George Sakheim, a psychologist who aided prosecutors at the Nuremberg Trials as a German-speaking interpreter, died Dec. 5 of pneumonia and a heart infection at Abington-Lansdale Hospital. He was 96.
Sakheim was born in Hamburg, Germany, and spent his early childhood years there. After his father’s death in the early 1930s, his mother moved the family to what is now Israel.
“All of her friends thought she was crazy (for leaving Germany). People thought she was nuts, but it really saved their lives,” his son David Sakheim said.
Sakheim’s mother became the first female taxi driver in their new home, eventually becoming a well-known tour guide. But Sakheim went through an undisciplined, wayward time there.
“He was something of a delinquent,” David Sakheim said.
In 1938, at 15, Sakheim was sent to live with an aunt in New York City.
“That’s when his life really turned around,” David Sakheim said, “once he had good schools and good supervision.”
The difference in his experiences abroad and in New York would inform his psychology practice for the rest of his life.
“He could really see how life’s circumstances could affect you in either direction,” David Sakheim said. “They could turn you into a juvenile delinquent or they could turn you into a psychologist. This was different from how a lot of (doctors) were looking at delinquent kids at the time.”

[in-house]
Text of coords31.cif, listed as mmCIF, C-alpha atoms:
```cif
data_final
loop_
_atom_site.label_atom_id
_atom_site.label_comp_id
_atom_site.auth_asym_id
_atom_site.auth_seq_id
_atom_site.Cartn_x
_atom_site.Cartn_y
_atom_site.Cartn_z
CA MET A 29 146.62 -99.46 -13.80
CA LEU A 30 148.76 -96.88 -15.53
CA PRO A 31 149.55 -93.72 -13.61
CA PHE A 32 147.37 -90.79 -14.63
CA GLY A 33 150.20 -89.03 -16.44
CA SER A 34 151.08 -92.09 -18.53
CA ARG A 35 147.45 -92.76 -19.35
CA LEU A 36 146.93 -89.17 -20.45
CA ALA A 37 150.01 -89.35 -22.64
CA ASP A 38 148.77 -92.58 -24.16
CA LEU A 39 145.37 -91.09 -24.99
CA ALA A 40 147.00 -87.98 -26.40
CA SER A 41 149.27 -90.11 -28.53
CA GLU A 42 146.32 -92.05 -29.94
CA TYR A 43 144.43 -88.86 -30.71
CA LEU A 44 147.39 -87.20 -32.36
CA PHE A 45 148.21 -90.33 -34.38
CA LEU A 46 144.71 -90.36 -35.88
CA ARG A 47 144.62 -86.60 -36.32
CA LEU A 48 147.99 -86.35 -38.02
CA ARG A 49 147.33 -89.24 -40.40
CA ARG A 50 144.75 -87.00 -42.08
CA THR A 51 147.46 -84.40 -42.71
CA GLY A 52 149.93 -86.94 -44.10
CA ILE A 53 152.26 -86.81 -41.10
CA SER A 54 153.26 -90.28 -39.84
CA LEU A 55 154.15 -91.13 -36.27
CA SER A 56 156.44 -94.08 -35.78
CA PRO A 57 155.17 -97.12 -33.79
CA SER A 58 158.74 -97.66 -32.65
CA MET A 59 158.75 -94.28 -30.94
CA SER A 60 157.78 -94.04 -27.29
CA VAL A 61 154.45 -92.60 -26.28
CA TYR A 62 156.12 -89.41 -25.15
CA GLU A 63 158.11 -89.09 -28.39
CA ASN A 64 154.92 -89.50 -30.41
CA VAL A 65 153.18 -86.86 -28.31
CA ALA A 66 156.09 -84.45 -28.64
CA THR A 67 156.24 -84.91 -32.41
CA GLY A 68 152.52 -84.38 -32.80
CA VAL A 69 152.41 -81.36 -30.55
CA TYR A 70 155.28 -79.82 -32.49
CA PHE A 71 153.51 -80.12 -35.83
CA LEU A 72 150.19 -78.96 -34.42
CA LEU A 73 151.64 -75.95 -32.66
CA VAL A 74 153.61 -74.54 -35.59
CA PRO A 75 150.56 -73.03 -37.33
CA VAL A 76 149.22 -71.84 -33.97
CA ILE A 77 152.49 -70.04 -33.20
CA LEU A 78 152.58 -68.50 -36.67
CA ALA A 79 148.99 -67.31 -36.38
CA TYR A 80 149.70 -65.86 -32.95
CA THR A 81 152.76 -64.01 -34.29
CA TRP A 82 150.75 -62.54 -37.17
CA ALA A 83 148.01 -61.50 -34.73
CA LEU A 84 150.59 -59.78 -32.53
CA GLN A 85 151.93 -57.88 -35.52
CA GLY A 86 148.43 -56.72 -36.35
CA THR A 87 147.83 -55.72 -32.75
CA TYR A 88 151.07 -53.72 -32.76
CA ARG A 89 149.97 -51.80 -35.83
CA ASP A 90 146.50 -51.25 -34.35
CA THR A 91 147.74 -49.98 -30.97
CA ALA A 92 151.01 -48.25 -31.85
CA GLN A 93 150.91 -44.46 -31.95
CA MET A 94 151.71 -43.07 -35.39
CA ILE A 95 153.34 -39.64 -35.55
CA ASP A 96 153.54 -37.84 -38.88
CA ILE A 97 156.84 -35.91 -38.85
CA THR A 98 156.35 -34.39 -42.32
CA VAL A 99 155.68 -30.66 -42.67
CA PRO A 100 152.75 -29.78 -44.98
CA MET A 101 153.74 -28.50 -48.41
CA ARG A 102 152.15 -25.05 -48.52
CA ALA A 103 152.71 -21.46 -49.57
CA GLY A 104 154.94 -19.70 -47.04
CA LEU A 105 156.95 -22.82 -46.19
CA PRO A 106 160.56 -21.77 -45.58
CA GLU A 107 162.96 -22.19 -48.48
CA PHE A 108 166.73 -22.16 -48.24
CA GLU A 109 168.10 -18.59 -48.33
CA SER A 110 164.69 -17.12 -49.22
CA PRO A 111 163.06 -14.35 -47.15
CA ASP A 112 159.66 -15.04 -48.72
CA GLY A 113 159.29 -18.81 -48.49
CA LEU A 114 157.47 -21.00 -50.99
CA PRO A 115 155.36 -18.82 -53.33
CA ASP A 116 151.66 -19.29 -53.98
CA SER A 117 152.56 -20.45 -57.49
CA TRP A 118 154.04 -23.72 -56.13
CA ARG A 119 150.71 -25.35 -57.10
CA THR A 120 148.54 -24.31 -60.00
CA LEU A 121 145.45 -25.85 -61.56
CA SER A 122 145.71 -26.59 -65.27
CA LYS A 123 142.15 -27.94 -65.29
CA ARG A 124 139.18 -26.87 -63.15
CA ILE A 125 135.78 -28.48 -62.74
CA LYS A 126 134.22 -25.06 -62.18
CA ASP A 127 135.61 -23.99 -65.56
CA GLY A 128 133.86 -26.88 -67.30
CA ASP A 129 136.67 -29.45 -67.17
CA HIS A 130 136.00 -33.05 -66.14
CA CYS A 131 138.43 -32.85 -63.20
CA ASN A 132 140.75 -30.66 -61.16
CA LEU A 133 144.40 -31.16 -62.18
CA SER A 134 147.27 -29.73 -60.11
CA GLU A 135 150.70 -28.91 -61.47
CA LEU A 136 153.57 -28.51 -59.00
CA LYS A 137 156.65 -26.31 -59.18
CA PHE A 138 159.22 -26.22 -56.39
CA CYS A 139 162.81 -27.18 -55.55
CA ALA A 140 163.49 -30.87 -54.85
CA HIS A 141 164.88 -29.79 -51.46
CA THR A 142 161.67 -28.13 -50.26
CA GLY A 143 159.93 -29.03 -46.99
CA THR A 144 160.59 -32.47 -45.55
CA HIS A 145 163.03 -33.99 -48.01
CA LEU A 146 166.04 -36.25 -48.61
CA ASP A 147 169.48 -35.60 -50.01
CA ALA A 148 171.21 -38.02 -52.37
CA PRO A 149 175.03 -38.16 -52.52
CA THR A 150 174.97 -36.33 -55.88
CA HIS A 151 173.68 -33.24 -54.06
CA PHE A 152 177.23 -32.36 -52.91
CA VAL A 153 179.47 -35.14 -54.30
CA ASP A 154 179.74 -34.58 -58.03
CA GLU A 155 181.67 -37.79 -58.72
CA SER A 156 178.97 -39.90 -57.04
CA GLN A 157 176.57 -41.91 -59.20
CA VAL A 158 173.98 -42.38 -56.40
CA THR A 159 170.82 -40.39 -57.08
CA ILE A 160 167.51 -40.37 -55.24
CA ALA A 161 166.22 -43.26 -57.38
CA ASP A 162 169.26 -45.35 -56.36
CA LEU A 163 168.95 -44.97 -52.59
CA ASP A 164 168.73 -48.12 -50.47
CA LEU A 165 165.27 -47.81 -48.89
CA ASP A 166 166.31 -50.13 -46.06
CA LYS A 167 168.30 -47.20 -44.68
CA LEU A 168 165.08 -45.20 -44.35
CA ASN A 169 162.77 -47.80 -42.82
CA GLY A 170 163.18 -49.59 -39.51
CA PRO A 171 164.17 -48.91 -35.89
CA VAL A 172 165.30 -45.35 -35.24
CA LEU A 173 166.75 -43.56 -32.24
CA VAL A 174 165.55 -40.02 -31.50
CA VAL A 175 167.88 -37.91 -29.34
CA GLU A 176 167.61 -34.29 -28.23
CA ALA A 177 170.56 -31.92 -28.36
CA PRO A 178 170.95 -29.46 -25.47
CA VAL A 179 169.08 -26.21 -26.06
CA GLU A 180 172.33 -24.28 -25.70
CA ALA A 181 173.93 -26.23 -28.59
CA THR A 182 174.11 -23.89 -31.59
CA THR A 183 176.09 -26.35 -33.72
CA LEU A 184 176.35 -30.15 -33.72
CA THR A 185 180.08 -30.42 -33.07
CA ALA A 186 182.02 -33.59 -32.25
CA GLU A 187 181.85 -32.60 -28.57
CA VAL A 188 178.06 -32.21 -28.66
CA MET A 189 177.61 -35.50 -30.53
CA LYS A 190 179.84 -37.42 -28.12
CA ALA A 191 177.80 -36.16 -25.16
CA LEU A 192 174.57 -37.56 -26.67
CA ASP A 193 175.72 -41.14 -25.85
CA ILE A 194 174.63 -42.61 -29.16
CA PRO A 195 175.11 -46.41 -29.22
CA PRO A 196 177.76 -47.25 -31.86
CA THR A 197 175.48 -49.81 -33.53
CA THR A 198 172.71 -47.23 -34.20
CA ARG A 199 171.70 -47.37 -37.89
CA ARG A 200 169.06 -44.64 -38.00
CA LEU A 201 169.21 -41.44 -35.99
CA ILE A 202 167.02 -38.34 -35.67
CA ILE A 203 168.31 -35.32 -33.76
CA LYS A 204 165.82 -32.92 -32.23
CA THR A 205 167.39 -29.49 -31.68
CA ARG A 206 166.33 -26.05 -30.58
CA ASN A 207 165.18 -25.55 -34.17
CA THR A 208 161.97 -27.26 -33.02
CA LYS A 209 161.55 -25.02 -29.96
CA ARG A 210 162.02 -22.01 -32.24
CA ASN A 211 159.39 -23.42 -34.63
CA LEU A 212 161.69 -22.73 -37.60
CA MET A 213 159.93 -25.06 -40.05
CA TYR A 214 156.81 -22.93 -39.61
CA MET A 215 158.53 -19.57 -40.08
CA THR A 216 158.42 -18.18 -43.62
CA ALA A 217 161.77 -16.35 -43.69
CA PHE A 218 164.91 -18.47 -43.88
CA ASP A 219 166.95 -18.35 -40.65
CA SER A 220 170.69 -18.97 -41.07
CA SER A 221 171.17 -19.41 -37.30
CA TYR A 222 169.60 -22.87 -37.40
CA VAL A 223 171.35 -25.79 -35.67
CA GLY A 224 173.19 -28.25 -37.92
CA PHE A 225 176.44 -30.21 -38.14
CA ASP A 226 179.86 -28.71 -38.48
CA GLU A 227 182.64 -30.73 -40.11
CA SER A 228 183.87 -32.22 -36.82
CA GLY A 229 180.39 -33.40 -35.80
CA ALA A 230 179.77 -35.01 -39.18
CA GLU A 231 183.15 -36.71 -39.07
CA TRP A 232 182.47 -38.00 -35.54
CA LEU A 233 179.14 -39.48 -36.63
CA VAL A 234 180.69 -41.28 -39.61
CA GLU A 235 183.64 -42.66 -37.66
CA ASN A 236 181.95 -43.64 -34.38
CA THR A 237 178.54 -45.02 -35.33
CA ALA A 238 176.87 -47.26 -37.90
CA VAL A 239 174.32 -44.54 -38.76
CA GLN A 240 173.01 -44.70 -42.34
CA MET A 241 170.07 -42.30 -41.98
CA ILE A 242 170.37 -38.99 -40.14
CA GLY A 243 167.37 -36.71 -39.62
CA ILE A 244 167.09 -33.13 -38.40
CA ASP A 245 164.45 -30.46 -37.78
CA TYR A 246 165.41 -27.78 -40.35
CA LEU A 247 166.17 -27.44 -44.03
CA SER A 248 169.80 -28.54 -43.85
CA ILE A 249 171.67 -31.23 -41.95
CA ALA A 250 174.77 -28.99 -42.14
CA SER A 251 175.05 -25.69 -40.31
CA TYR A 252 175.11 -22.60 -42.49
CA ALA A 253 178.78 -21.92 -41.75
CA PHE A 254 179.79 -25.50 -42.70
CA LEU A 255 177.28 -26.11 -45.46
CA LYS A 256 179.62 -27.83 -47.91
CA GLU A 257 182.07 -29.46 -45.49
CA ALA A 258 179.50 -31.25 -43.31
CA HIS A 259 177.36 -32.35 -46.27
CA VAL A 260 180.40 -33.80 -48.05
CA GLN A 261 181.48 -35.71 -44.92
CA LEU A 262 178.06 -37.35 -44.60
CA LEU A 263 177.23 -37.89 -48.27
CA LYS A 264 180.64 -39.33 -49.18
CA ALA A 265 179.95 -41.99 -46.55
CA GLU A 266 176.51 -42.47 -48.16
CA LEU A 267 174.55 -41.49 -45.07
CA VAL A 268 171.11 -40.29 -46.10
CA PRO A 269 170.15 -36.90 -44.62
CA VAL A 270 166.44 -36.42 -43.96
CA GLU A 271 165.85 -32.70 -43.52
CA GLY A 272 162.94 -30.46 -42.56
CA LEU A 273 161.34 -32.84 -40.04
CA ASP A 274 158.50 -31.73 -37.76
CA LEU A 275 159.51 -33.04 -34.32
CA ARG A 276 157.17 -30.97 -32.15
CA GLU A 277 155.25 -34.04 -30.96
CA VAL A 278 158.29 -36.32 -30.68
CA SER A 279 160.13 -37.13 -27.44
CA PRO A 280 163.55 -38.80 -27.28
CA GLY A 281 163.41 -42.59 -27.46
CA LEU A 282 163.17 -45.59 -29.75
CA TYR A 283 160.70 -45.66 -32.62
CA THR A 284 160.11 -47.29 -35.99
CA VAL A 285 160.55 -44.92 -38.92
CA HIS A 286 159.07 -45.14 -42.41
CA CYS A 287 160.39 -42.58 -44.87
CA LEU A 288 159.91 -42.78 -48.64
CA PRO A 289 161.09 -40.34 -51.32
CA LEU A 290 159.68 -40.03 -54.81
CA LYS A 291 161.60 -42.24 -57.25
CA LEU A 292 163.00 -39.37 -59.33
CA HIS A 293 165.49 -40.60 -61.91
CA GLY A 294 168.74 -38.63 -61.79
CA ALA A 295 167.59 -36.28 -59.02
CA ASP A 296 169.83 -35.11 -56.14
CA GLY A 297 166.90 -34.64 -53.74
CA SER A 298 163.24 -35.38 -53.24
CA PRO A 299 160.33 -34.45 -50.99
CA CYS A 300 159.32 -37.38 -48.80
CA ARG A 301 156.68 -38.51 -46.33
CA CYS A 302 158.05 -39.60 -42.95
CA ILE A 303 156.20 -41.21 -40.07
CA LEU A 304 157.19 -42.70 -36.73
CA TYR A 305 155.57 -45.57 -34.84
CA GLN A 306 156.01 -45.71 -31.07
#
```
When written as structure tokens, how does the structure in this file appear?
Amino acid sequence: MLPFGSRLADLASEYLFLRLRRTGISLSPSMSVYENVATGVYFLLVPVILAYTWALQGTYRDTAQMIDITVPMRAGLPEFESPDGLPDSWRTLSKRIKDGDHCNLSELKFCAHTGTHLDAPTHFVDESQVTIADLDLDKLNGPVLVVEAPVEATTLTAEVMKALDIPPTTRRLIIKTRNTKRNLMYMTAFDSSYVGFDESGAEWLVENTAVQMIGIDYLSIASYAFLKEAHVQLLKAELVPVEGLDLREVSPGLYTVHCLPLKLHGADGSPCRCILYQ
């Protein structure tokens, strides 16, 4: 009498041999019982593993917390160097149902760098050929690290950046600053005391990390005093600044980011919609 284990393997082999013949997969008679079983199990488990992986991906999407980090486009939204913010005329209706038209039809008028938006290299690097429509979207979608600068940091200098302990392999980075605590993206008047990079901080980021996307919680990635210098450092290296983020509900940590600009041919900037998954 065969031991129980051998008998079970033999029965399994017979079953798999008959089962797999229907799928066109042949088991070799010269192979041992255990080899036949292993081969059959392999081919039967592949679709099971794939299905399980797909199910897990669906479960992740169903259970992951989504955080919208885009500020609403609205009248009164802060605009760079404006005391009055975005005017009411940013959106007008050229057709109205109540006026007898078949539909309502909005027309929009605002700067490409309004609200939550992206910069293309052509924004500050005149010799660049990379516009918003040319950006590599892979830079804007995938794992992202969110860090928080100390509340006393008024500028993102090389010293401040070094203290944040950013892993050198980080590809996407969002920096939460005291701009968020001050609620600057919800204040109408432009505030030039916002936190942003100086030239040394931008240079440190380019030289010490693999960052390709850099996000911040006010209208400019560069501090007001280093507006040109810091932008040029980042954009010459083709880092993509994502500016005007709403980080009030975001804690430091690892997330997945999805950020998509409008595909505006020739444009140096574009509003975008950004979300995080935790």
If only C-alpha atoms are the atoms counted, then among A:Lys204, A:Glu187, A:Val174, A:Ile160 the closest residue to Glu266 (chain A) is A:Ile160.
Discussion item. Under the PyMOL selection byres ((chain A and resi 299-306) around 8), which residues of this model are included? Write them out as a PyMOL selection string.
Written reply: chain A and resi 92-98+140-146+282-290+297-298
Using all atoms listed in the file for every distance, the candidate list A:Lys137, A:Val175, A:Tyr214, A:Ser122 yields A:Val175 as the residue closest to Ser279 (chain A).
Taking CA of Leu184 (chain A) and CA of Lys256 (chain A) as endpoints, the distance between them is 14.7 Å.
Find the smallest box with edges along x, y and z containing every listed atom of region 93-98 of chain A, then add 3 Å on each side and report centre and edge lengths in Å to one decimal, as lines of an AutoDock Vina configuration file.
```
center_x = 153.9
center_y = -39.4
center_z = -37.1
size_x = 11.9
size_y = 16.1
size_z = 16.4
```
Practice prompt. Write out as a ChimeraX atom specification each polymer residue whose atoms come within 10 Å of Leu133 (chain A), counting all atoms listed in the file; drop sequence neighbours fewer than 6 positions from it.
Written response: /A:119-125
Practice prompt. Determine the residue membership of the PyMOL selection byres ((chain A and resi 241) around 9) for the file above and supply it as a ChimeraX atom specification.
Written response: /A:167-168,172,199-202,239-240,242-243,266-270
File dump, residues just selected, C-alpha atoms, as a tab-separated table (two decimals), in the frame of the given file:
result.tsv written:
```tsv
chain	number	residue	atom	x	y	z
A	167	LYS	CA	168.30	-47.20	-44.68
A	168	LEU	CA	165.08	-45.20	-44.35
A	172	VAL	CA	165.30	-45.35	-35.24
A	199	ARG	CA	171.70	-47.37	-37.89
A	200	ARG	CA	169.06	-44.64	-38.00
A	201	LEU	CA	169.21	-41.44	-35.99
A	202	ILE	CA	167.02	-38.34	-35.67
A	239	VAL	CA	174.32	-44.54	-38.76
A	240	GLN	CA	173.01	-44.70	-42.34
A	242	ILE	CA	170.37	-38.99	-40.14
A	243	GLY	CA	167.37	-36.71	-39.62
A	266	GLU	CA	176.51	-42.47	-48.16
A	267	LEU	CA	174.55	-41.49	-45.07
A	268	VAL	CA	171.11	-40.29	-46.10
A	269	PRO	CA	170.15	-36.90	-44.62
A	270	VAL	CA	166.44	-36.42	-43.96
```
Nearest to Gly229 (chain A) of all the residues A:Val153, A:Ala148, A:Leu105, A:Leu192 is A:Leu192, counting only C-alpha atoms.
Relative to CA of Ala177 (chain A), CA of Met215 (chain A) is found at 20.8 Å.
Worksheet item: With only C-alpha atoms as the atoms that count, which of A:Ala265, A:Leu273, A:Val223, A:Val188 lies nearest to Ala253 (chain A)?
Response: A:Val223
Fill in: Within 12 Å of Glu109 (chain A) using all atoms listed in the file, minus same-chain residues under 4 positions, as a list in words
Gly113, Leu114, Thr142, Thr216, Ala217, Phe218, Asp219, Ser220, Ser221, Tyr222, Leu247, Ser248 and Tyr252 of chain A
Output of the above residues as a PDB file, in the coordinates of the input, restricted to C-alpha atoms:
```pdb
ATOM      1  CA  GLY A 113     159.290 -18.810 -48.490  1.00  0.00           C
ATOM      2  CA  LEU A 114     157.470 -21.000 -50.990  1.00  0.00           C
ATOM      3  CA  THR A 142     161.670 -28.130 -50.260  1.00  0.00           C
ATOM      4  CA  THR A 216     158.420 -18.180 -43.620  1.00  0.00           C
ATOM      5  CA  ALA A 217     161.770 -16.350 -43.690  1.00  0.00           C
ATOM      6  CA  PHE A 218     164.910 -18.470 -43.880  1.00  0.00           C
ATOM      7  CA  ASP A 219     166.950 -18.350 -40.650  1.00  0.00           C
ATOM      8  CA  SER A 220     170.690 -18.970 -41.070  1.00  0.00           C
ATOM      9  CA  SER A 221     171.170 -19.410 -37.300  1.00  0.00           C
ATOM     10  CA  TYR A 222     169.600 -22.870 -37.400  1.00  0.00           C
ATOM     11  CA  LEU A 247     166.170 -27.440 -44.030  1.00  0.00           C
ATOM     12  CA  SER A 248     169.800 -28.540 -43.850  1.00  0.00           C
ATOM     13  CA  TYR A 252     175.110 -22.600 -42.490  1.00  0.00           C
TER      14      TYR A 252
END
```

By 1943, Sakheim had enrolled in Columbia University when, as a freshman, he was drafted. Because he spoke German, he was assigned to military intelligence and sent to the secret Camp Richie training facility in Maryland. As one of the famed “Richie Boys,” Sakheim was trained in, among other things, interrogation and psychological warfare.
“They were right on the edge of what was moral,” David Sakheim recalled his father saying about the techniques he was taught. “And he really struggled with what about that was OK and what wasn’t.”
Sakheim’s service career saw him storm Normandy as part of the 104th Infantry Division and take part in the liberation of Nordhausen. For his role in liberating France, the French government awarded Sakheim, along with nine others, the Legion of Honor Medal, France’s highest honor, in 2009.
After the war, Sakheim worked at the Nuremberg Trials, where he translated testimonies from several Nazi defendants, most notably Hermann Goering and Rudolph Hess. In a personal diary, Sakheim wrote that Hess was “so casual and calm.”
Early reticence in recounting experiences in combat and at Nuremberg gave way to Sakheim giving lectures and speeches.
“I’ll say sometimes to my wife, ‘When I was a kid, my parents never talked about it’ and it’s hard for her to believe because now they don’t stop talking about it,” David Sakheim said.
Sakheim earned a Ph.D in clinical psychology; he practiced in Maine, then in New York. He specialized in treating teenagers and abuse victims and believed that delinquency could be reversed with early intervention.
In New York, Sakheim became involved in the New York Ethical Culture Society and remained active until his death, most recently with the branch of that organization in Philadelphia.
Sakheim married his wife, Ilse (née Oschinsky) in 1950. Like Sakheim, she fled Germany as a child — at 13 on the Kinder-transport to England. They were married for nearly 70 years.
Sakheim is survived by his wife Ilse, his son David, his daughter Ruthie Kitchell and five grandchildren.
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